I’m asking you to write a 800 to 1200 words piece on a topic of your choosing on anything related to Hydrogen geopolitics, geoeconomics, policy-design, market perspectives or market-design.

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I’m asking you to write a 800 to 1200 words piece on a topic of your choosing on anything related to Hydrogen geopolitics, geoeconomics, policy-design, market perspectives or market-design. 

 

Typically, an op-ed piece is short, between 600 and 800 words. Here, I’m asking you to write a slightly longer piece because it will require a shorter rewriting and editing time for you and you will have a bit more space to make sure your argument is compelling.

 

As you get more experienced, you’ll be able to write short 600 to 800 words op-ed pieces in less than 2 hours but, having been writing op-eds for 10 years now, I can assure you this takes practice. With that said, if you feel like you already have what it takes to write a 600 to 800 words piece, I’ll accept it. And, if your piece holds on together, is stylish and is compelling, I may give you extra-credit for it. However, bear in mind that, if you choose to go down that road, you’re taking a double risk: 1) it’s gonna take you longer to write/rewrite/edit and 2) you will have less space to make a compelling argument and your piece might end up being too superficial. That was my friendly warning, lol. 😇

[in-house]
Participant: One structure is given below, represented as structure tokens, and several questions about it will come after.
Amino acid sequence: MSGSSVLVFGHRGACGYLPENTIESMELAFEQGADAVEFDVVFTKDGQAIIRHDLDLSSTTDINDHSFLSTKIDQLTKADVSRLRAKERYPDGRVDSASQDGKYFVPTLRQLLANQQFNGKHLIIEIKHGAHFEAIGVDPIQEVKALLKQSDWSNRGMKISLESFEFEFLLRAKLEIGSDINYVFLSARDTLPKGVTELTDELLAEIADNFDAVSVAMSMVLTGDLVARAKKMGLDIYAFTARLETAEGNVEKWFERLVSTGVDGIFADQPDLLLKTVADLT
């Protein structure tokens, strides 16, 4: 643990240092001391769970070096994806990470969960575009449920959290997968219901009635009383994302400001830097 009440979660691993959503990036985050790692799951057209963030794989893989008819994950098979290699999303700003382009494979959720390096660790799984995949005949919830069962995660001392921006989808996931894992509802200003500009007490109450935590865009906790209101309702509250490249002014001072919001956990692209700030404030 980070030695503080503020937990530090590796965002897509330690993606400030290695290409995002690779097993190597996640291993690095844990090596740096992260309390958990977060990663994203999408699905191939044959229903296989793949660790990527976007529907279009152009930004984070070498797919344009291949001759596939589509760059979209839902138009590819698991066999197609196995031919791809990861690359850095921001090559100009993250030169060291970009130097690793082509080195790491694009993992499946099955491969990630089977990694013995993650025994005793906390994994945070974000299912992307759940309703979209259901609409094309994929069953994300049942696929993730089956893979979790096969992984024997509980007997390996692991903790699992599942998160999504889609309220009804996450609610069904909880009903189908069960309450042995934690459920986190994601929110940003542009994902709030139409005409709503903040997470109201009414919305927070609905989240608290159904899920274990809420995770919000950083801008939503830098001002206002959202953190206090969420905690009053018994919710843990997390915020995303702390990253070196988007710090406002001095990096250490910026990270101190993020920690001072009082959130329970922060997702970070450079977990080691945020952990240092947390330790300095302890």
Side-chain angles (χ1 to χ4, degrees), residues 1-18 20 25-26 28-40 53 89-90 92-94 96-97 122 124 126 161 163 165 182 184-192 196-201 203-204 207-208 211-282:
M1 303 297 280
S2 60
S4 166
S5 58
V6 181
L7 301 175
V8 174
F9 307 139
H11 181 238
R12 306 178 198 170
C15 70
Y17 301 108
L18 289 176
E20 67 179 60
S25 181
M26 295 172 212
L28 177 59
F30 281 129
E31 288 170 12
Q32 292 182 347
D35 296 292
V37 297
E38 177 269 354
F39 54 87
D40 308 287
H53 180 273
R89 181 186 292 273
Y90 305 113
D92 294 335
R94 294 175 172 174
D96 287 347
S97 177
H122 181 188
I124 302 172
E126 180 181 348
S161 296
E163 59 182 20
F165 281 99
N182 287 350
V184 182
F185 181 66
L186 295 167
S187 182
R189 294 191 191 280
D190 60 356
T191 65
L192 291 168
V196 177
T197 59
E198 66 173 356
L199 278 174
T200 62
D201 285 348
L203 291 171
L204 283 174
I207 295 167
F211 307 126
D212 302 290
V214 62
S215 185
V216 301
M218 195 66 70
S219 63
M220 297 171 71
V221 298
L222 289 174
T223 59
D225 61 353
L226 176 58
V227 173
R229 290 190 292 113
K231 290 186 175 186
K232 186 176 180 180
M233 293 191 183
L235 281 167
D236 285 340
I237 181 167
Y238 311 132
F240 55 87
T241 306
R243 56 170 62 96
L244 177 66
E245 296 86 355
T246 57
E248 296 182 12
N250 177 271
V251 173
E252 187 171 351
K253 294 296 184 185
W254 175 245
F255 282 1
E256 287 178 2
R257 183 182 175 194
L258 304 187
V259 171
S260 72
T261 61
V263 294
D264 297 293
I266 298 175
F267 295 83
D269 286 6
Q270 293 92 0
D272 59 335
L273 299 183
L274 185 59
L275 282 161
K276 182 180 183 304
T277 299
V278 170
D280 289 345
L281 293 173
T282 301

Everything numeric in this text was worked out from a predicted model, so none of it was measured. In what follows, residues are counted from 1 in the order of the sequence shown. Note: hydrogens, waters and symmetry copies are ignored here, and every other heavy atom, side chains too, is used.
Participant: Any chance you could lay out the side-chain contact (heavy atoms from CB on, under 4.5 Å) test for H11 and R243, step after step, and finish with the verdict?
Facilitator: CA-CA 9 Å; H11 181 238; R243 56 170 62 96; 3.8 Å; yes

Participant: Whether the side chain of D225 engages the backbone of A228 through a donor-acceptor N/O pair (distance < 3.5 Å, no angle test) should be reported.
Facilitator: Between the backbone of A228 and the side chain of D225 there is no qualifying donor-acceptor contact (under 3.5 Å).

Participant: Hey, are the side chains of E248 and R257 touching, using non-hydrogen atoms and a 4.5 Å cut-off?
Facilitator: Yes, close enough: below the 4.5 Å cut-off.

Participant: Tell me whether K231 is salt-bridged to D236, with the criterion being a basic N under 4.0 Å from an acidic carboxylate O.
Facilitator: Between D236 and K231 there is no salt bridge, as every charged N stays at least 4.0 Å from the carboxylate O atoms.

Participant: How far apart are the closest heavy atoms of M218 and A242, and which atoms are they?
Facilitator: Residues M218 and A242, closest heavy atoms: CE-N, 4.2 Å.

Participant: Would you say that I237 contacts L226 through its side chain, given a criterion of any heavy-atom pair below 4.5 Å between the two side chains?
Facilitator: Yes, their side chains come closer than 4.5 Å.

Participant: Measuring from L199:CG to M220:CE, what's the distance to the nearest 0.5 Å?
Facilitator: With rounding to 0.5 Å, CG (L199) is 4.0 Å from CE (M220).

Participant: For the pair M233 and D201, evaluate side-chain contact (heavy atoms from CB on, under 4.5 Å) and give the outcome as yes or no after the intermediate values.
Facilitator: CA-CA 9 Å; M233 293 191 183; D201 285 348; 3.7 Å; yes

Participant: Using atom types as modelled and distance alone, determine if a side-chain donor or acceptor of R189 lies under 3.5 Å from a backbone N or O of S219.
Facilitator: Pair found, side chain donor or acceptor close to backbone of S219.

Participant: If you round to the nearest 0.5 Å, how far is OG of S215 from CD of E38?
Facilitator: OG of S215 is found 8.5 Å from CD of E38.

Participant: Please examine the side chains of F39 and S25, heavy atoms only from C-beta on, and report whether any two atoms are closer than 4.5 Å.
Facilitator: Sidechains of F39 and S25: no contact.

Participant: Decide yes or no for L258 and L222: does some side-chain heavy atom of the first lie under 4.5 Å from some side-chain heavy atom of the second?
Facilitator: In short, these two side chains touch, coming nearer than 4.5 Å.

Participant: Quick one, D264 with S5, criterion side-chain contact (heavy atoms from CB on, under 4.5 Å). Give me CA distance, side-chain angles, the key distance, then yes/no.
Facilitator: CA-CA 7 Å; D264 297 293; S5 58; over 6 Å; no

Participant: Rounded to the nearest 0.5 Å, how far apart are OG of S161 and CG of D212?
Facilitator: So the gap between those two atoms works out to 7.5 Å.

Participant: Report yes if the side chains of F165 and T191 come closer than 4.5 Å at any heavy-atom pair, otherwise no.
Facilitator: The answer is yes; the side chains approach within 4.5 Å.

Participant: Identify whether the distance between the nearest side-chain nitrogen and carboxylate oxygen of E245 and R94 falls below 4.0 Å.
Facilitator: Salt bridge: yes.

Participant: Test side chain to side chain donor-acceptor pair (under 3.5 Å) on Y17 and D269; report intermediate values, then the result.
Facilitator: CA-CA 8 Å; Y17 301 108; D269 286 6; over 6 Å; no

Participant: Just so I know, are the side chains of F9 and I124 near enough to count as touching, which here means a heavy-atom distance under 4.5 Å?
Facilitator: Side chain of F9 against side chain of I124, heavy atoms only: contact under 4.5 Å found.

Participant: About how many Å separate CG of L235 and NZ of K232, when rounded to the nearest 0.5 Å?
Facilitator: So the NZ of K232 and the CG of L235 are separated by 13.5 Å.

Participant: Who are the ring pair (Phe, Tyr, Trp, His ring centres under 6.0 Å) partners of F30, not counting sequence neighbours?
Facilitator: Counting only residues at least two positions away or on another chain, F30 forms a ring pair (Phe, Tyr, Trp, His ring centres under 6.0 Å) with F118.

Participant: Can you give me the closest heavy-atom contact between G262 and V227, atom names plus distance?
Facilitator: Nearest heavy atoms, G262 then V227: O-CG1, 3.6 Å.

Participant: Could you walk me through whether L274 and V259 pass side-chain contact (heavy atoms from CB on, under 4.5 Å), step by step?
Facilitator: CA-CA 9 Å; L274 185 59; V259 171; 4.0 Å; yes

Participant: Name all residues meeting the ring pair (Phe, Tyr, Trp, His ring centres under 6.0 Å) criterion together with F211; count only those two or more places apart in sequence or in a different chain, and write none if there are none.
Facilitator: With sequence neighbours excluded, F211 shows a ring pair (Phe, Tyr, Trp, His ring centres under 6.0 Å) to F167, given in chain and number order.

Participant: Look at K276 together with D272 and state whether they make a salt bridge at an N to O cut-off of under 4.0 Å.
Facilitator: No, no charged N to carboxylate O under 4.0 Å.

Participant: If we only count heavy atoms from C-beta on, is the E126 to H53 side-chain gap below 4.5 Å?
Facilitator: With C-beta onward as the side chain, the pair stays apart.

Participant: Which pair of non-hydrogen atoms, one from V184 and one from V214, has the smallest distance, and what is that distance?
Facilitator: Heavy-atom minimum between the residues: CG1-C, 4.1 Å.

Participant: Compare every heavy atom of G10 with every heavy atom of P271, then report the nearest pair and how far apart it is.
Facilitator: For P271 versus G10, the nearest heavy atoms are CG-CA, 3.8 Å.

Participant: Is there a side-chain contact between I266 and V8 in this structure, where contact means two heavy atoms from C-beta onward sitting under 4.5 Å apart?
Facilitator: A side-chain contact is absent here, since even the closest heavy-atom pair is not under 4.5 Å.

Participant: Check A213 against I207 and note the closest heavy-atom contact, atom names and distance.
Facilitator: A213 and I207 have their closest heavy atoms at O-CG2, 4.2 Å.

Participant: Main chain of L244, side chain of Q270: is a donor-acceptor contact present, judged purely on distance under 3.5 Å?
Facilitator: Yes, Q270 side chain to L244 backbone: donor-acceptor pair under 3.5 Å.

2) An op-ed piece has a clearly defined point of view. It is a one-sided piece in which you make a statement/defend your opinion. You’re not confronting ideas against each other such as in traditional french dissertations — where you’re supposed to make point, study the opposite point and synthesize the two in your conclusion. You’re here to make a point, defend it, and make it stick in your reader’s mind.

 

3) An op-ed piece represents clarity of thinking. Aim for 1 overall argument and 3 to 5 carefully crafted paragraphs providing evidence to support your overall argument. No more.

 

4) An op-ed piece contains the strong, unique voice of the writer. This is not a journalism piece where you would confront views against one another. With that said, you can always quote other people here or there if said quotes support your overall argument well.

 

 

Questions to Ask Yourself When Writing an Op-Ed or Column
• Do I have a clear point to make?
• What is it?
• Who cares? (Writing with a particular audience in mind can inform how you execute your column. Who is it that you are trying to convince? Why are you targeting that specific reader? Don’t write it for me only. If your piece is good enough, I’ll be more than happy to offer you to have it published in a French or foreign media outlet. So, write as if you were talking to a specific target audience.)
• Is there substance to my argument? (Provide data, specific cases, maps or whatever evidence you like. But, do provide evidence to support each claim or point of yours!)

 

Topic and Theme
Every successful op-ed piece or column must have a clearly defined topic and theme.
• Topic: the person, place, issue, incident, or thing that is the primary focus of the column. The topic is usually stated in the first paragraph.
• Theme: another level of meaning to the topic. What’s the big, overarching idea of the column? What’s your point? Why is your point important? The theme may appear early in the piece or it may appear later when it may also serve as a turning point into a deeper level of argument.

 

Research